10 Years Ago

No Snow: Northumberland County Council was relying on global warming to prune the cost of tackling winter conditions, it was revealed. Its budget strategy for keeping highways open was based on the assumption there would be no snow. A series of mild winters persuaded the former Labour administration that harsh winters were a thing of the past, Coun. Horncastle claimed.

Rural Rescue: A man who broke several ribs after falling from a ladder in heavy snow was rescued from his remote home – in the bucket of a JCB excavator. Five foot snow drifts meant that ambulances, and even a Royal Navy Sea King helicopter were unable to reach 62-year-old Lewis Moncrieff at his home between Alston and Nenthead.

Pitch Planning: Planners were shown the red card for introducing draconian rules on when football could be played at Haltwhistle. New rules meant that if a game went into extra time, or kicked off late, a formal planning application would have to be made for play on the Burn Field pitch to continue.

School Safety: Campaigners determined to improve dangerous road conditions in front of Hexham’s Queen Elizabeth High School were fobbed off with a token gesture, one resident claimed. A stretch of double yellow lines and a new school bus bay would not be enough to prevent another serious accident.

25 Years Ago

Revenue Revaluation: Businesses in Tynedale, struggling to get out of recession, suffered a hammer blow at the hands of the taxman. For the revaluation of business premises in the district by the Inland Revenue saw proposed rateable values rocket by as much as 300 per cent.

Cold Customers: Pensioners in Bellingham were left in the cold because the electricity supply into the village could not cope with additional central heating demands. Power supplier Northern Electric said the system would have to be upgraded to be able to deal with extra bungalows.

Tourist Train: A famous tourist attraction was set to track its way to Slaggyford, but a group of enthusiasts said it could take up to five years. Plans to bring steam trains, owned by the South Tynedale railway, to the closed Slaggyford station were revealed.

MORE HOMES: A housing increase was afoot in Prudhoe after the secretary of state for housing granted planning permission for a development of 540 homes at the Broomhouse Lane site.

50 Years Ago

Reservoir Approval: Bellingham Parish Council gave its approval in principle to plans to build the Kielder Reservoir.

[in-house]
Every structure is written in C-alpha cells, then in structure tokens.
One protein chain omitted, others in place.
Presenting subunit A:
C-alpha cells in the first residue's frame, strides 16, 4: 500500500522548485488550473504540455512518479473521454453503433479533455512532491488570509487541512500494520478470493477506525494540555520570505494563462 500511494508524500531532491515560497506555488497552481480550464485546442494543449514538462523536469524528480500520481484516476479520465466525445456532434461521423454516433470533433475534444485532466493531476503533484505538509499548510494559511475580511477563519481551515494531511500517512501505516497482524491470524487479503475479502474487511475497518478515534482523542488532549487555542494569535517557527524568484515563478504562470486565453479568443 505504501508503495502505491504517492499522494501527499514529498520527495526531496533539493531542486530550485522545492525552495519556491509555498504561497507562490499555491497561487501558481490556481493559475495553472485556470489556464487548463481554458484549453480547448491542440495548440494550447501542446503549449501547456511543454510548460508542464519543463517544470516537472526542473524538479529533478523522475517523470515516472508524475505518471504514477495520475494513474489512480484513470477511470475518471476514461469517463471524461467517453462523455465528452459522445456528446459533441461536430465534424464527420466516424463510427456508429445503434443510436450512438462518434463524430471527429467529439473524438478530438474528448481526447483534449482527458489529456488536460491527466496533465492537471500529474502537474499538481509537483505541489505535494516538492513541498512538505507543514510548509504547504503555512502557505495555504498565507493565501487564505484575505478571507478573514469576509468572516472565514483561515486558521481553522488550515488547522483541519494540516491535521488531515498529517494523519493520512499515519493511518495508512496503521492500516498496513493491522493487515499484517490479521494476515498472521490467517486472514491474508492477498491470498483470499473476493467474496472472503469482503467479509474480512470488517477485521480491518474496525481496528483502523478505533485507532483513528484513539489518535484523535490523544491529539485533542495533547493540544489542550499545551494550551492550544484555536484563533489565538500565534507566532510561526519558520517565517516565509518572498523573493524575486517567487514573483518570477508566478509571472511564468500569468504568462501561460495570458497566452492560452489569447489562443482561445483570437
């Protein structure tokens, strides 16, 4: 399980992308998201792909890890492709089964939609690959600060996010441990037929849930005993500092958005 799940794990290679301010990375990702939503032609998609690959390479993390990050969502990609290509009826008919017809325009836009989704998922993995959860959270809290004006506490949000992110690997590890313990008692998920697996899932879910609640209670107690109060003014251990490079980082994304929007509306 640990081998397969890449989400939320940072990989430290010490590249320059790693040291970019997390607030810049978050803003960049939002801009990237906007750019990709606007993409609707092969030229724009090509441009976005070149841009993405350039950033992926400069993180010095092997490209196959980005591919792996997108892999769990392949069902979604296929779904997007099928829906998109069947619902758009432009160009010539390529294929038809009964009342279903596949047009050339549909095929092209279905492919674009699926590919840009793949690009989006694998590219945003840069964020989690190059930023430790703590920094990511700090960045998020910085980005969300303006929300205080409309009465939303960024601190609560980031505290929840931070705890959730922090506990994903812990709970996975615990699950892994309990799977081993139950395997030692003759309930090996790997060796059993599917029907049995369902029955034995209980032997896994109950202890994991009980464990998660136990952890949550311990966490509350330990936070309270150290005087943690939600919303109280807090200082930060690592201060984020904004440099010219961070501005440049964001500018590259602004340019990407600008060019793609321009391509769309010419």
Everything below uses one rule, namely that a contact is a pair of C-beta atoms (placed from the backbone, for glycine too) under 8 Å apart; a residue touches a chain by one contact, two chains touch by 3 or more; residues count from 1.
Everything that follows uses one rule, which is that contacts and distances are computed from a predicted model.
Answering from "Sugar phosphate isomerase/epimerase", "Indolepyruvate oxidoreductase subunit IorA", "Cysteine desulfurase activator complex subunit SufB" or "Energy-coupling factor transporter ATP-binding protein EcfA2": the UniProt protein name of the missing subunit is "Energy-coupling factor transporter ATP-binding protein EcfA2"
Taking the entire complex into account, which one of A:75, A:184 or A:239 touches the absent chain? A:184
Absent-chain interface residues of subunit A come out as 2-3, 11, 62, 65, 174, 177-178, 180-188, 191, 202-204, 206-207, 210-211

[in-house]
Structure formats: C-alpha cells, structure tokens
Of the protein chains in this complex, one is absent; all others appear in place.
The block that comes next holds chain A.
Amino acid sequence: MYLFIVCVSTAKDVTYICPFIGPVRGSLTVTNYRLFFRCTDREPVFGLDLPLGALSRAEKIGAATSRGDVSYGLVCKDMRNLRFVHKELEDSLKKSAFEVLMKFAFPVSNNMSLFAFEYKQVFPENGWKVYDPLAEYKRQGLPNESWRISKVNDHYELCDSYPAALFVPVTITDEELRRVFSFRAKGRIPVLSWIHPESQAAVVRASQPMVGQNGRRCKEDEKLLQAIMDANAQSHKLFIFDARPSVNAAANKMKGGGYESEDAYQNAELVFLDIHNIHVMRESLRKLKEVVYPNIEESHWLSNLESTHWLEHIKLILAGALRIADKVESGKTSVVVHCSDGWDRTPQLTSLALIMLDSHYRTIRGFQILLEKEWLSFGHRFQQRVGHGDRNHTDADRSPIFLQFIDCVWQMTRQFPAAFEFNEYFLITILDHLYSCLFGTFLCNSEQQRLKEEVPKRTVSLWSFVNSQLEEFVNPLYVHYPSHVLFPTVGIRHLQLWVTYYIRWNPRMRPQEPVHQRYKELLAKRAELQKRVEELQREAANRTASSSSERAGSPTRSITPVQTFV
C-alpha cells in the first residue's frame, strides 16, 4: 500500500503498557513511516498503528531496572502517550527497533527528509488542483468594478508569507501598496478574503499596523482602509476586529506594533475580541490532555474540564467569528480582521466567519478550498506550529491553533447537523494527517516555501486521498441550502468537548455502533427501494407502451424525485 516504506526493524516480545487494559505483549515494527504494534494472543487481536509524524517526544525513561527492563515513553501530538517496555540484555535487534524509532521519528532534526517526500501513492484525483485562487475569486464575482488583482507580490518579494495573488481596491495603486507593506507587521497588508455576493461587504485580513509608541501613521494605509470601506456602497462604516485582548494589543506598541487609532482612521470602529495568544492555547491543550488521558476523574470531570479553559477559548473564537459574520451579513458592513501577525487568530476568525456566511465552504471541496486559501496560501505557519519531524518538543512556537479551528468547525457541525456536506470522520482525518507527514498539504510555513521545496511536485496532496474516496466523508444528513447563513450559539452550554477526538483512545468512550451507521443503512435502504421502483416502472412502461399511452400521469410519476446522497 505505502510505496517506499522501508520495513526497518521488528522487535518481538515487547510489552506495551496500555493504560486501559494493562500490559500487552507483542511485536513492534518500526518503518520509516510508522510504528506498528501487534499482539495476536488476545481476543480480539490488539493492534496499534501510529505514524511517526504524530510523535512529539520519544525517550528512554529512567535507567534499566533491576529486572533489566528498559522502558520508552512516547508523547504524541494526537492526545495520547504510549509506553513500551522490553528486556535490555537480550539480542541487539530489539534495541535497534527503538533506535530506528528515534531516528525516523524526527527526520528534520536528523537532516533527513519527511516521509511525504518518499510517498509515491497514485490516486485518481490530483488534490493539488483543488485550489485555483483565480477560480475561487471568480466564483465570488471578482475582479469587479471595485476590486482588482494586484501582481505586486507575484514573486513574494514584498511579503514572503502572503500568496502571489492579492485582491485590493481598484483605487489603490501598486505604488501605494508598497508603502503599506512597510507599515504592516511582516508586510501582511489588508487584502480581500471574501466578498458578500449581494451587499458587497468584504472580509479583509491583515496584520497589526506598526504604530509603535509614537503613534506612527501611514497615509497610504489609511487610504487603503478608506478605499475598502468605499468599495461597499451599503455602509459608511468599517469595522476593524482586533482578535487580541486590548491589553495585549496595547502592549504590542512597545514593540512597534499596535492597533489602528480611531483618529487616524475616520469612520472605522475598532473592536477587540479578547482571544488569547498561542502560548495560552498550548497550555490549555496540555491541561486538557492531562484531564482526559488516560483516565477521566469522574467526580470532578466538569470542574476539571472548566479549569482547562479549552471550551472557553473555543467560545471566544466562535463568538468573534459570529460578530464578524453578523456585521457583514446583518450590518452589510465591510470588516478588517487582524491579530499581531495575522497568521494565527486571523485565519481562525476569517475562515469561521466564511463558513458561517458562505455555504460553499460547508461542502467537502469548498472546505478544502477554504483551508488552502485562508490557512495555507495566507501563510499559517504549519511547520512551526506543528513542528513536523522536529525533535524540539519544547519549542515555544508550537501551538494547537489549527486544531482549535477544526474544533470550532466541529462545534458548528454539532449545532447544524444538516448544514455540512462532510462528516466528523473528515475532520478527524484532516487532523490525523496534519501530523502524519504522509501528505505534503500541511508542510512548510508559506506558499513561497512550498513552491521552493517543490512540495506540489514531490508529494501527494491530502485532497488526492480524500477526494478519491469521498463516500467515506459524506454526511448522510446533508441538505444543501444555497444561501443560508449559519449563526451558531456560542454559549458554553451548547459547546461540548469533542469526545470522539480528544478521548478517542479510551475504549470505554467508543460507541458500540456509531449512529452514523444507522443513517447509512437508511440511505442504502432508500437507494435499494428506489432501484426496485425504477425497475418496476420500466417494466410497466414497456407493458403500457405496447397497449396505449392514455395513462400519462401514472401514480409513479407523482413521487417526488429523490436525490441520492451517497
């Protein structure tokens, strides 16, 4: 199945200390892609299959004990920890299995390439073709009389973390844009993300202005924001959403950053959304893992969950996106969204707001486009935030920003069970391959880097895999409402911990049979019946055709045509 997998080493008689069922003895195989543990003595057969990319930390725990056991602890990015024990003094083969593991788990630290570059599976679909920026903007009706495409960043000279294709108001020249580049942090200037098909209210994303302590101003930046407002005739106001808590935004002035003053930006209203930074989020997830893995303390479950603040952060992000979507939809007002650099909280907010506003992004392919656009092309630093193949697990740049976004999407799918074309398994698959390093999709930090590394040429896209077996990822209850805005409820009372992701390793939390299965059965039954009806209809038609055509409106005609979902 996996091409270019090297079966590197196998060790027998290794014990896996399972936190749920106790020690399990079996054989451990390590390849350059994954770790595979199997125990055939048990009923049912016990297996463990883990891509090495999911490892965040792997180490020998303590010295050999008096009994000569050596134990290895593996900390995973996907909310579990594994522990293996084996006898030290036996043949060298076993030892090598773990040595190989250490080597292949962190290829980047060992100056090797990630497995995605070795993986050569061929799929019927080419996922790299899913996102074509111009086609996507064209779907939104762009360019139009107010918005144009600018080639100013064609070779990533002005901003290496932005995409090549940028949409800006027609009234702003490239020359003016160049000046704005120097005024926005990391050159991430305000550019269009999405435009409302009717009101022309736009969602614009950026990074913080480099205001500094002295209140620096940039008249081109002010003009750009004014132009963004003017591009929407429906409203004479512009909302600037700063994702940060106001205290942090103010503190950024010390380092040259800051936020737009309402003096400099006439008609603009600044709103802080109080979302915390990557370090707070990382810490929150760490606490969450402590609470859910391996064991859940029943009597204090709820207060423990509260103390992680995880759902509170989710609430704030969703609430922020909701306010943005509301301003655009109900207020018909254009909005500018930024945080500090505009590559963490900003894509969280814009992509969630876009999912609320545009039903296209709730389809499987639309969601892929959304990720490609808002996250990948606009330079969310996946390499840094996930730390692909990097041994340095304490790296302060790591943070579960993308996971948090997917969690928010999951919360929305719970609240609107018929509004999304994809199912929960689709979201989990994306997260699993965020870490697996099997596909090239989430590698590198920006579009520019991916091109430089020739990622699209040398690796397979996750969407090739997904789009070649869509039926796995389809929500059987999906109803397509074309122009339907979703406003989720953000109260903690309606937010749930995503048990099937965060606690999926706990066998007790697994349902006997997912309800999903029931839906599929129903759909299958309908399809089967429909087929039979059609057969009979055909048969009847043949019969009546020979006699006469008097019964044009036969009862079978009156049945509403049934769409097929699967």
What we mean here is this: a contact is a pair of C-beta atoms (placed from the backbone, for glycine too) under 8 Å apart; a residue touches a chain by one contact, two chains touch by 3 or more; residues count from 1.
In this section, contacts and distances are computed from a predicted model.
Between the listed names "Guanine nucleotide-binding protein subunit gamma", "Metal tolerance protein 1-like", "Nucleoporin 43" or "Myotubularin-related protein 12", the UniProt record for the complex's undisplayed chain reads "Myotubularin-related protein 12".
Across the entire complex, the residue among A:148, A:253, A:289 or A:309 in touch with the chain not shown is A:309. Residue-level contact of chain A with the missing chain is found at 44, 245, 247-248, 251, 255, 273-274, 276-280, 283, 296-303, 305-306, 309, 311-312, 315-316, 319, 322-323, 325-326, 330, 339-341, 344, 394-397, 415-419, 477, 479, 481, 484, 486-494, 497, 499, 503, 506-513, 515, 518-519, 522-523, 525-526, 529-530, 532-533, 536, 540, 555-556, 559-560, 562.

Water shortage: Riding Mill residents had their water supplies cut off three times within six days.

Funding Landmark: Prudhoe’s West Wylam Community Association reached the £3,000 mark in its campaign to raise funds for building a community centre.

Train Crash: An empty passenger train travelling from Haltwhistle to Hexham crashed through level crossing gates at Warden after over-running the signals. The driver was unhurt.

75 Years Ago

Food facts: A meeting of Hexham Rotarians heard from Prof R.W. Wheldon, of King’s College, Newcastle, that Britain’s farms were now able to provide five-sevenths of the country’s food, an increase of three-sevenths on their output a few years earlier. The amount of land under crops in Northumberland was three times what it was before the war, he said.

BRAVE MAN: Captain John Joicey Straker, of Hexham, was awarded the Military Cross for bravery while serving on the Continent with the Army.

ON THE GRID: Bellingham Rural Council called for the provision of at least 20 cattle grids in its area, following inquiries by the county council.

100 Years Ago

Manure talk: Hexham Gardener’s Society was given a talk on artificial manure by Mr R.A. Harper Gray, an adviser on agricultural zoology.

School dance: A dance held at Byrness School raised more than £8 for Newcastle’s Royal Victoria Infirmary.

125 Years Ago

Mickley Mystery: A Mickley couple were hoodwinked by two acquaintances who, while in disguise, tricked their way into the couple’s house pretending to be a detective and a ‘dangerous anarchist’.

Railway Rumpus: Hexham ratepayers circulated a petition urging the North Eastern Railway Company to improve Hexham station, which, they said, was inadequate for the number of trains that called in at it.

150 Years Ago

Deadly Disaster: A Nenthead man died in a lead mine after a large stone, forming part of the roof, fell from a height of six feet on to him, killing him instantly. An inquest concluded a verdict of accidental death.